Naturally, timing was a big factor in this story. Andrew Left came out with his dramatically revised conclusions after Tesla released 3rd quarter sales and just before it released 3rd quarter financial summaries. Anyone who had been following the story closely should have seen that Tesla actually sold far more cars than short sellers were expecting and that the margins must have been pretty high on those cars, given the versions of the Model 3 the company was selling (and not selling). All you had to do was take those numbers and plug them into a simple spreadsheet and you could see Tesla was likely to be profitable. Yet, either short sellers didn’t dare do so or they didn’t dare believe their eyes after doing so. Then along came Left, who said, “Hey, this is sort of wild, but Tesla makes a lot of money.” (Not a real quote.) That woke up some sleeping bears who decided that, okay, it was time to go terrorize some other company.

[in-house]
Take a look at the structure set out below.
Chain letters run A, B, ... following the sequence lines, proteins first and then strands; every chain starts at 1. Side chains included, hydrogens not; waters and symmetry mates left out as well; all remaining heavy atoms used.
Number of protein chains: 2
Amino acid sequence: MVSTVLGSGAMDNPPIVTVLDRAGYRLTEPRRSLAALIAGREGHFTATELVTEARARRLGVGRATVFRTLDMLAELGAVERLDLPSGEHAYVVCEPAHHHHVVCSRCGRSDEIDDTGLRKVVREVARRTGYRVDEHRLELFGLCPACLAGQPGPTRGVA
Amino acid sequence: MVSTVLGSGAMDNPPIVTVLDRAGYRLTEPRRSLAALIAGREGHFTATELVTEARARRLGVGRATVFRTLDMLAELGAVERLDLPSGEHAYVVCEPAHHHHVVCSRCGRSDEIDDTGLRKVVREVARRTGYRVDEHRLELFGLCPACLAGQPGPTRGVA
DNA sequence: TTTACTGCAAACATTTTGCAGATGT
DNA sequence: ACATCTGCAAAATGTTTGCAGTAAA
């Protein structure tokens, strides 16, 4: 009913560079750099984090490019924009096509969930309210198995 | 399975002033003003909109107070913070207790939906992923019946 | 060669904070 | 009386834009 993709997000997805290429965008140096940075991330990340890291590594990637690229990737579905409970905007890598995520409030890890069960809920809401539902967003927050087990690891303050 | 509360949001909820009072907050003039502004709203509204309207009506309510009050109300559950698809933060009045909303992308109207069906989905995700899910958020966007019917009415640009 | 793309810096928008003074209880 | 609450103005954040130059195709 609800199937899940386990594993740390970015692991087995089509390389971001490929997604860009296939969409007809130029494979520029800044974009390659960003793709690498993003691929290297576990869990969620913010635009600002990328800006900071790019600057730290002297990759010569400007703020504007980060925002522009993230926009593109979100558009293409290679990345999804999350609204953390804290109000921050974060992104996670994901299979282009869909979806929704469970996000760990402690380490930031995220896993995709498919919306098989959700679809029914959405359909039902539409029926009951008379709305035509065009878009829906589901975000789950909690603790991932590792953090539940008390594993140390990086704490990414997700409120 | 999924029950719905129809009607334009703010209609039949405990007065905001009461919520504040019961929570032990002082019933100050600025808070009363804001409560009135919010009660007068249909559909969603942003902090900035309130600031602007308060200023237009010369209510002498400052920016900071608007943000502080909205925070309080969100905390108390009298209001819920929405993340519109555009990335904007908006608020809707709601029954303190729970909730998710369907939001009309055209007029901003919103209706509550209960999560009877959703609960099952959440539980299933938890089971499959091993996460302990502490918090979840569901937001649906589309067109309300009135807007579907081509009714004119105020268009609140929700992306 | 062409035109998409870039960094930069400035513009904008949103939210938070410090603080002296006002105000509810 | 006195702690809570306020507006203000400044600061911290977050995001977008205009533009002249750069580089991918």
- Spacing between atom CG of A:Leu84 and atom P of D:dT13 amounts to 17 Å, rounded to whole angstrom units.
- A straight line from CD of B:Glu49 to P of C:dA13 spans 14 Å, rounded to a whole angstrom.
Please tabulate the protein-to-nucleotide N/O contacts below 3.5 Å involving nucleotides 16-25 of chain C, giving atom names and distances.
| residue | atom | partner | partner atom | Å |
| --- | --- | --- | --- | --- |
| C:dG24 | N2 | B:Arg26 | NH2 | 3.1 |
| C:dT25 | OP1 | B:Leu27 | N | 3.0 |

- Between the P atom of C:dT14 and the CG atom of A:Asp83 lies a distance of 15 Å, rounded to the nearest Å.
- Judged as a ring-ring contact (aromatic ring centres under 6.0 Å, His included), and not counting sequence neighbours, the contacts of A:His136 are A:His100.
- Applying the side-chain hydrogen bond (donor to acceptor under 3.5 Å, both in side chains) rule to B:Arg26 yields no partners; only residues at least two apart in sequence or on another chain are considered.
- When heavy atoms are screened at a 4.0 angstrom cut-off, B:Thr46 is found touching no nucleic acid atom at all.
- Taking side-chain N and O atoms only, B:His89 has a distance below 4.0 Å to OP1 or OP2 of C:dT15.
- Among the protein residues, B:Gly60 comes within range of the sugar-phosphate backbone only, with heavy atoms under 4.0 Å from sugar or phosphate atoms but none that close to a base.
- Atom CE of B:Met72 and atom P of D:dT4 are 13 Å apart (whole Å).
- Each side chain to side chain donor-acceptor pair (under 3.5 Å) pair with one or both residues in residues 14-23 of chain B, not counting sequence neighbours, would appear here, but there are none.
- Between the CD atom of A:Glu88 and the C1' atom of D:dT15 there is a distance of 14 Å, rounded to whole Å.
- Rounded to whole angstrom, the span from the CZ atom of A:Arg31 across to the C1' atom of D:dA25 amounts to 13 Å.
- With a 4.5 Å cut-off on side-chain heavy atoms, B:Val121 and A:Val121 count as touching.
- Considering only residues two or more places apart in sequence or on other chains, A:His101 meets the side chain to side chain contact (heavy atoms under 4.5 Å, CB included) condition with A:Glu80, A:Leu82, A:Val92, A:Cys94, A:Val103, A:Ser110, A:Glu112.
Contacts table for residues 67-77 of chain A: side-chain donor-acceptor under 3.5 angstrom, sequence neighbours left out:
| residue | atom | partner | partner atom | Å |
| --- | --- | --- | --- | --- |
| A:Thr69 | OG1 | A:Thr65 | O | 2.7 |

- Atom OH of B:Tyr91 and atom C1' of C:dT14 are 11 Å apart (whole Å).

But some bears are deeper sleepers than others. While $1.11 billion might have decided it was time to stop being skeptical on Tesla, billions more remained short. Even after Left’s research note came out and gave Tesla stock a bump, 33.79 million shares were still shorted ($9.94 billion worth of them), meaning that Tesla was still the most shorted U.S. stock on the stock market. At the time that Reuters article about the $1.11 billion loss was written and it was assumed that the initial effect of Left’s change of heart was settled, Tesla’s stock price was $288.77, and Tesla had not yet released its Q3 financials and shareholder letter. Tesla released those after the market closed on Wednesday, October 4. The market closed at $288.50 that day and opened at $317.38 the next day. Tesla’s numbers were good, very good, and more investors came to the conclusion Left had landed on a few days earlier.